It’s often said that fans confuse the characters in movies with the personalities of the celebrities who play them. Something similar must happen with art and artists. Surely no one was surprised to learn that Picasso, bawdiest of artists, was a shameless womanizer, but how many of Thomas Kinkaid’s admirers were taken aback when the pious painter drank himself into an early grave? One local artist whose work appears, at least initially, completely contrary to her personality is Marcee Blackerby, the impishly playful, demonstrative and delightful woman who appears as a cowgirl in her husband Rick’s imagery, and in her own self-mythologizing as a Harley-riding Hippy Mama, yet whose objets-d’artpositively revel in the macabre.
No chance to once again encounter Blackerby’s evocative and arresting art should be casually missed. It’s not that she rarely shows, or that her work is hard to find. Rather, in spite of the challenge of finding material for her talismans, which partake of collage, mixed-media, and objet trouvé—the big three techniques of watershed movements like Dada and Surrealism—without really belonging in any one of them, she manages to be so prolific, as well as eager to share the discoveries that so clearly delight her, that her exhibitions tend to overwhelm audiences. The viewer unravels a few compound objects, takes in a handful of more straightforward ones, and totters off like that Monty Python character who begs to be excused, moaning “My brain is full.”
No doubt assemblage is the right term for Blackerby’s art, though care must be taken not to confuse it with artworks whose makers merely insert found objects in among new materials. Their goal is nostalgia, a sentiment totally missing from authentic assemblage. Artworks by Ed Kienholtz or Marcee Blackerby don’t just include authentic, surviving cultural wreckage: they exist to reanimate and critique those who made and used those artefacts, were shaped by them in turn, and then passed on, leaving them behind. Like those dancing skeletons that entertained and disconcerted medieval audiences, Blackerby’s ultimate subject is mortality, and the role it should play in everyday consciousness. Less heavy-handed than the skeleton with the motto, “As I am now, so you will be”—in fact, a lot less heavy-handed, more captivating instead—her art employs a seemingly endless supply of worn and damaged goods to stand in for ourselves. Paused on the downward spiral from pristine manufacture to inevitable annihilation, they create a resonance in us: an empathetic sense that we, too, are still interesting, still have some potential.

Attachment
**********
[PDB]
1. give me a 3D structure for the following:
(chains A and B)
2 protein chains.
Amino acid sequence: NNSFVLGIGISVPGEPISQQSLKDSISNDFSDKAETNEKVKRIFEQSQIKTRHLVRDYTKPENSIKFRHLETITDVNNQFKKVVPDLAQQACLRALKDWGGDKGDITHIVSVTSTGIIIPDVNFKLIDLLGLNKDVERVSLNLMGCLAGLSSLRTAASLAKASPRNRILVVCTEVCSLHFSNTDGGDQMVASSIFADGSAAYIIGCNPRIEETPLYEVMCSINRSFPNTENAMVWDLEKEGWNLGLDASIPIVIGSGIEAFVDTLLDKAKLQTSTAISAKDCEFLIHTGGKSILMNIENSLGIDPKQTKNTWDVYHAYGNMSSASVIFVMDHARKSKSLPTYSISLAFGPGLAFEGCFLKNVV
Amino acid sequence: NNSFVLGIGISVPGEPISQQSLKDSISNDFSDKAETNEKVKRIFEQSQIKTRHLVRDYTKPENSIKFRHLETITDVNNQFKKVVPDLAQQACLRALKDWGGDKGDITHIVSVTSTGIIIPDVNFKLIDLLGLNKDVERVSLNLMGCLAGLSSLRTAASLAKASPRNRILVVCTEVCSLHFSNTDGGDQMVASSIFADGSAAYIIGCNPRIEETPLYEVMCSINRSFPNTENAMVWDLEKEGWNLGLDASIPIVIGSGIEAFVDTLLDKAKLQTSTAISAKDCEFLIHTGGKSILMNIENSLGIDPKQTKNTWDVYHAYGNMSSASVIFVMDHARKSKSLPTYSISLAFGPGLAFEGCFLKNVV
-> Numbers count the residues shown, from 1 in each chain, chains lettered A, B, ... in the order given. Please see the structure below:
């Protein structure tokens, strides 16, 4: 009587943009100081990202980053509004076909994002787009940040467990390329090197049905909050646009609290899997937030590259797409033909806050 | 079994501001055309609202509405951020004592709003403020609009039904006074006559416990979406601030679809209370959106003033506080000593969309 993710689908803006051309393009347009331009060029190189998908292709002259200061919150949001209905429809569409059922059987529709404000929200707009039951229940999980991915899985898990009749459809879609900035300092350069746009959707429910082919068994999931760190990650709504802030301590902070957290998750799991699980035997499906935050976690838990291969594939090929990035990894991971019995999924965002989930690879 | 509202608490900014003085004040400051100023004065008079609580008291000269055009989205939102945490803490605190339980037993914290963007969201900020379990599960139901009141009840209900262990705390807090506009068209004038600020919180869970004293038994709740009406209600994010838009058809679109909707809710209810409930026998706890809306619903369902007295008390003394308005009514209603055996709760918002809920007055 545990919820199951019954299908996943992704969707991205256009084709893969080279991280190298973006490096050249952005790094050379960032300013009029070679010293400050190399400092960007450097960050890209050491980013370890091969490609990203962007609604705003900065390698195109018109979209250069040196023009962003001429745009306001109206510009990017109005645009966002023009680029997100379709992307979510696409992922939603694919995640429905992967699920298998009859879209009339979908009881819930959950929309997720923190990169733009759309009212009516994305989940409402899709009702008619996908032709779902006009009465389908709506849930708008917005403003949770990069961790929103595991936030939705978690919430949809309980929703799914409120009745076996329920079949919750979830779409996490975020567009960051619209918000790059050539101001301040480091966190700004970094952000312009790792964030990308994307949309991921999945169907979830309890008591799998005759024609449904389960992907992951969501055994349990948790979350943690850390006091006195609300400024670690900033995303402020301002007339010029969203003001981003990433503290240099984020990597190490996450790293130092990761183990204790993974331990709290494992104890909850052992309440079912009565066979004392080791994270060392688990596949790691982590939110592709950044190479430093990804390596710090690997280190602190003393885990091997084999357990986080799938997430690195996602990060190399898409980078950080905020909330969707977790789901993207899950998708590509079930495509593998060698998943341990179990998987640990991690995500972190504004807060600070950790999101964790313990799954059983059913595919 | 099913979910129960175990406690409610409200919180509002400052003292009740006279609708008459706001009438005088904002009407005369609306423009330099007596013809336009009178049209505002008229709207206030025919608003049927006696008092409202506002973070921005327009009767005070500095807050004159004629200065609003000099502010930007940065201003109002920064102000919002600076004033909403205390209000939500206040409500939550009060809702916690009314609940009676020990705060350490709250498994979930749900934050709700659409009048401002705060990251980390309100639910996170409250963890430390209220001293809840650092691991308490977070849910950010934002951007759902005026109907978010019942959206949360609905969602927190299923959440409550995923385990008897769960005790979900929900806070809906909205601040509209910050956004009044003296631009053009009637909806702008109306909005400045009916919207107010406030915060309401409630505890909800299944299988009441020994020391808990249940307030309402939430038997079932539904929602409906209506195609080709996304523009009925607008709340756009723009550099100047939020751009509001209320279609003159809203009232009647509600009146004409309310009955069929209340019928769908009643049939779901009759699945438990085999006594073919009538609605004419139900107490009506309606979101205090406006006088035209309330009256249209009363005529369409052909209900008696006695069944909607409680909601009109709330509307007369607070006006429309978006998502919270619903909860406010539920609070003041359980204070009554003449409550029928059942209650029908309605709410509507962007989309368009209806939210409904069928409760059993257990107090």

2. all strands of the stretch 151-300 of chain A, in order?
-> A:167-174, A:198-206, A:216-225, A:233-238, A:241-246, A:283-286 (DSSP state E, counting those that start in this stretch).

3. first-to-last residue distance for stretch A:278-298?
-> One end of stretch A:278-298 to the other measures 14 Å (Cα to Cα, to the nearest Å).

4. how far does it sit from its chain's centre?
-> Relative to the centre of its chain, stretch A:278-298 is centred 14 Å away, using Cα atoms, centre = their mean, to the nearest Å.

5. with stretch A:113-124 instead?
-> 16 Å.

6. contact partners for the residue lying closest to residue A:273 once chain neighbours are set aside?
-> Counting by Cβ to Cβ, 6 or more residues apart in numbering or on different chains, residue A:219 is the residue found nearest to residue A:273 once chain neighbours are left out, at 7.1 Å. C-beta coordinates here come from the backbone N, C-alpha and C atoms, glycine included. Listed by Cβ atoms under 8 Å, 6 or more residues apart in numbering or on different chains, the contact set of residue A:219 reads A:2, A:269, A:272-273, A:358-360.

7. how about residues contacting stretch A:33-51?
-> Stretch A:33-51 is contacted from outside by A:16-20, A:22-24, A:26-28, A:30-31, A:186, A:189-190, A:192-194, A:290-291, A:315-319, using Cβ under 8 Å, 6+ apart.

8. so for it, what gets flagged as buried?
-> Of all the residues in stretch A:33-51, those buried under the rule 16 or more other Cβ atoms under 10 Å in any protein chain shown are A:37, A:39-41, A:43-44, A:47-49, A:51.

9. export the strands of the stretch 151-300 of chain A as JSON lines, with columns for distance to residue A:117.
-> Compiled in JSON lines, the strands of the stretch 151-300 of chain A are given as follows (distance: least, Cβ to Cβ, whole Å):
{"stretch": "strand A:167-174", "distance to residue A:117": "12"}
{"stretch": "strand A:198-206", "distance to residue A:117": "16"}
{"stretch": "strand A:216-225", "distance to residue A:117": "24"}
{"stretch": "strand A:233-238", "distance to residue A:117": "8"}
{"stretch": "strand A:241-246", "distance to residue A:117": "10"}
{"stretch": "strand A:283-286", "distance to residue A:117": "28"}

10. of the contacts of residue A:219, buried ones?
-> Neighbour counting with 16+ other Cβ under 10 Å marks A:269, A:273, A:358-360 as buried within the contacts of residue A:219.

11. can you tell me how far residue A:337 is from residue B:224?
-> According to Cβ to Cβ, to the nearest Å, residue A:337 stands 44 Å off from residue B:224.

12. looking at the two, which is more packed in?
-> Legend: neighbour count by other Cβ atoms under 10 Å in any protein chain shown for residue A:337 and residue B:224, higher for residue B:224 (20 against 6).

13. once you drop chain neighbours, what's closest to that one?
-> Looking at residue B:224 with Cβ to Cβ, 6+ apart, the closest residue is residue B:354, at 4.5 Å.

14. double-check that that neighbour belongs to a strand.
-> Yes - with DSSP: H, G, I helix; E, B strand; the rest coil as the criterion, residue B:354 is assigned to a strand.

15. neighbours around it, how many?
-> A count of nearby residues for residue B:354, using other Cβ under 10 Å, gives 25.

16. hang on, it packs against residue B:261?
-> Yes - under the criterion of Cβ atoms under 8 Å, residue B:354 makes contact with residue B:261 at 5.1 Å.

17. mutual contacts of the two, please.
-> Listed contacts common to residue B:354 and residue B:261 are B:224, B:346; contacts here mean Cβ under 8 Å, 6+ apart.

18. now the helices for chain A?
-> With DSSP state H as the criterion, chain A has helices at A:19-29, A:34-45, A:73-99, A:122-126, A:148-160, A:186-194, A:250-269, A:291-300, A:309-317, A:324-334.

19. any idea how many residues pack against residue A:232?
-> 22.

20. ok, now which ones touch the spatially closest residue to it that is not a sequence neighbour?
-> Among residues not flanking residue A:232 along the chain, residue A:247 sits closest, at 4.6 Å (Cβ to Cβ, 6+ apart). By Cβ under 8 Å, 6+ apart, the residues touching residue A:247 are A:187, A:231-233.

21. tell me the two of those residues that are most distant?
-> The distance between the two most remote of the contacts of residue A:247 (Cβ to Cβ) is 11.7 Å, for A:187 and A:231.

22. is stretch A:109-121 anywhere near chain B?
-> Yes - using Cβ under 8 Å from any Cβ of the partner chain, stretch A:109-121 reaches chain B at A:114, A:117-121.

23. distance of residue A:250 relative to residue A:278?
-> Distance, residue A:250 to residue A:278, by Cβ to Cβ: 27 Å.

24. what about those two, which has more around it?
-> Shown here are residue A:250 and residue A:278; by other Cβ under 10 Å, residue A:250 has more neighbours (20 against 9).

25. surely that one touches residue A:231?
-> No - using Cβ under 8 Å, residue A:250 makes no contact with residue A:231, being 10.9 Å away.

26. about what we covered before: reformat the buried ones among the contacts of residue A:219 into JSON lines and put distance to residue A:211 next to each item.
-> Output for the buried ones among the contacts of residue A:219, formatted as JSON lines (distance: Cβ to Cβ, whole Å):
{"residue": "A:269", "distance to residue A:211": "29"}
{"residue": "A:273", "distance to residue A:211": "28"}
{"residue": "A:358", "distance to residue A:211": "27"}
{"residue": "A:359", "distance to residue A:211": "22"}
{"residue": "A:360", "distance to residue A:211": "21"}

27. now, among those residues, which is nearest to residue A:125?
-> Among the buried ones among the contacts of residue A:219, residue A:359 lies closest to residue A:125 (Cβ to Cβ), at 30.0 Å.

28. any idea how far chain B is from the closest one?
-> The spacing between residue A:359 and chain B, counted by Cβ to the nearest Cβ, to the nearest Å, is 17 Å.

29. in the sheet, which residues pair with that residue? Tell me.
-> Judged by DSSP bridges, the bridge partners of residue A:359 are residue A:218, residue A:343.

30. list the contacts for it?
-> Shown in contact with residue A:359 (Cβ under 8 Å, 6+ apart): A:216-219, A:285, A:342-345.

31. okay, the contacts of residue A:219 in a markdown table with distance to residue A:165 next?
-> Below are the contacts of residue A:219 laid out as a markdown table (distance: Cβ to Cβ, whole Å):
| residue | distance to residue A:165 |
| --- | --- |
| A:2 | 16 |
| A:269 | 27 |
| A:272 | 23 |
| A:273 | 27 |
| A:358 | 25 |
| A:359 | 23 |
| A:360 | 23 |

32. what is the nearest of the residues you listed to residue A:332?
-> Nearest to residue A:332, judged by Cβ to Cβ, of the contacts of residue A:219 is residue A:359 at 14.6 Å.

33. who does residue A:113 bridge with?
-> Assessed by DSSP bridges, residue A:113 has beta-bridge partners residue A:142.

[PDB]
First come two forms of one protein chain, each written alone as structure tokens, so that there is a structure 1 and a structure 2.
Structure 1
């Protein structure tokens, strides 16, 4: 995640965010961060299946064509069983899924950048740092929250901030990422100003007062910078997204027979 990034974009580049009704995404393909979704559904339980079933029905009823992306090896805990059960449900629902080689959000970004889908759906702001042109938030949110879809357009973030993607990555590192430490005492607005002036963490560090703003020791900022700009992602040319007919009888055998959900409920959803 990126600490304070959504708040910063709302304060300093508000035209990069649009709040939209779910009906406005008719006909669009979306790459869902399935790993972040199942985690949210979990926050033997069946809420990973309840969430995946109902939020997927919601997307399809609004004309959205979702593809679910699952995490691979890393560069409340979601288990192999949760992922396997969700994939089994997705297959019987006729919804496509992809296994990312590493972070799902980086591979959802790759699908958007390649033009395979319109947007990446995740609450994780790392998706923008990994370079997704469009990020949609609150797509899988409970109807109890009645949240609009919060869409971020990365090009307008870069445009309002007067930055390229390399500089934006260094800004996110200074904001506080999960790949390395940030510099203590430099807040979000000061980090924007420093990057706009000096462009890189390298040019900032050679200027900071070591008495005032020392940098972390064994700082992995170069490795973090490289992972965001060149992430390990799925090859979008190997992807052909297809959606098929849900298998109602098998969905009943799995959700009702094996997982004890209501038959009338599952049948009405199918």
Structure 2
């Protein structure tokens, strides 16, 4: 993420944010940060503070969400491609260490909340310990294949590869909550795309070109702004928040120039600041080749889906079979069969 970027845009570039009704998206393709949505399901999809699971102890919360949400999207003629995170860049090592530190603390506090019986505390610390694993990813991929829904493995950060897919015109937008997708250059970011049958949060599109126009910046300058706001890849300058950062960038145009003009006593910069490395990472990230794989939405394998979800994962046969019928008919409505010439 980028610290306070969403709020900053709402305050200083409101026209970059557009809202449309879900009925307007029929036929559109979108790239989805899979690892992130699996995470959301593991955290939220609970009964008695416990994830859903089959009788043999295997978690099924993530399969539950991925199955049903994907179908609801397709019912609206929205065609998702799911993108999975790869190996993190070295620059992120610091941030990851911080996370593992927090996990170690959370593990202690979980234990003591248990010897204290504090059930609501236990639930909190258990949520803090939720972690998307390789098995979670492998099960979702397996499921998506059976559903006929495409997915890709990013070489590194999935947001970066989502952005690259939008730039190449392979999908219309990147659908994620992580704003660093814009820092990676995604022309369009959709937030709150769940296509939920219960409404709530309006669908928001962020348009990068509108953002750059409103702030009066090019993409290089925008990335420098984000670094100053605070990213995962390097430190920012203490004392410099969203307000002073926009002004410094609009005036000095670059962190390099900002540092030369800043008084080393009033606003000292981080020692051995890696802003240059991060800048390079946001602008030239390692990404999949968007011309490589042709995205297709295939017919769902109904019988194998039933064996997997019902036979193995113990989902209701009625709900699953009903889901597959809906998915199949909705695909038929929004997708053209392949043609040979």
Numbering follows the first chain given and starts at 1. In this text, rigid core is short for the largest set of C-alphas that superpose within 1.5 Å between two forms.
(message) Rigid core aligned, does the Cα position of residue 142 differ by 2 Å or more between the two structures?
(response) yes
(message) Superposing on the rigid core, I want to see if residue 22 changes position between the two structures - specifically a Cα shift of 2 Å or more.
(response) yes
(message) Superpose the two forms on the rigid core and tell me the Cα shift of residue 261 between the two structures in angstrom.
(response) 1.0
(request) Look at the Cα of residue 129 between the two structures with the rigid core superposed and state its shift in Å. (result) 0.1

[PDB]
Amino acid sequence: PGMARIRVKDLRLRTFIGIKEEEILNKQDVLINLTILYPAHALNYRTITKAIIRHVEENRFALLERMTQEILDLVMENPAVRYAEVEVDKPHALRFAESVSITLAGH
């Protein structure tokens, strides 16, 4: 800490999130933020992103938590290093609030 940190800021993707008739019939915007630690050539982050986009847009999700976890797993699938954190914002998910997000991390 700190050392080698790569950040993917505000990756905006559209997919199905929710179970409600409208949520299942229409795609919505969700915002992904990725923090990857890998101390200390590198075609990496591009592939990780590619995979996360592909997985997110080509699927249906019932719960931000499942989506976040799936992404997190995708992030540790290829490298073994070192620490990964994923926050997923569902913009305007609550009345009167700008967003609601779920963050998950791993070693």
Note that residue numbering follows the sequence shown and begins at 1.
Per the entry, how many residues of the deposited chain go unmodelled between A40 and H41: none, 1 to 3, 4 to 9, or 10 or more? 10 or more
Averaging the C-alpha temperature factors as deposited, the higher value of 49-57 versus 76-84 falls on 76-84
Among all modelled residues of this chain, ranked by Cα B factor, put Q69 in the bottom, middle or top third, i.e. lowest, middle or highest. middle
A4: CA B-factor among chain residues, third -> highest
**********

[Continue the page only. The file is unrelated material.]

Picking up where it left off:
There are no doubt those in her audience who will argue that we already think enough about our mortality. Consider the current rage for post-apocalyptic fables, for vampires and zombies. Yet a few moments reflection will show that, while the anxieties that underlie these narratives has much to do with our fear and knowledge of death’s certainty, in fact their purpose is to allay those feelings and weaken that knowledge. The ‘Undead’ that used to frighten us do so no longer. In fact, with their warm, sparkling skin and irresistible romantic virtues, they argue for the same immortality that religion promises, but in a dare-we-say more attractive version than the one that has the faithful spending eternity in church. And those stories of how the world almost ends? Isn’t their point that we, the audience, and the protagonists we identify with, all survive into the new millennium? Zadie Smith writes: “The post-apocalyptic scenario—the future in which everyone’s a corpse (except you)—must be, at this point, one of the most thoroughly imagined fictions of the age. » But that’s entertainment, diversion, distraction. Marcee Blackerby, like Smith herself, seeks something more genuine.
To a humanist, art is here to help, even if that help entails some medicinal discomfort. It’s impossible to live life aware, at every moment, that I must one day die. My own death is now, and will always be, inconceivable to me. An art that maneuvers me closer to the facts, only to disappear like the bogey man, or that frightens me like a jack-in-the-box, only to let me off the hook, that art takes my time and money under false pretenses. For an alternative, for an image that can be borne, and that, like a good joke, makes the truth both more present and more palatable, I recommend those courageous artists who see the future not in some imaginary departure, but reliably predicted by past and present reality.
Geoff Wichert has degrees in critical writing and creative nonfiction. He writes about art to settle the arguments going on in his head.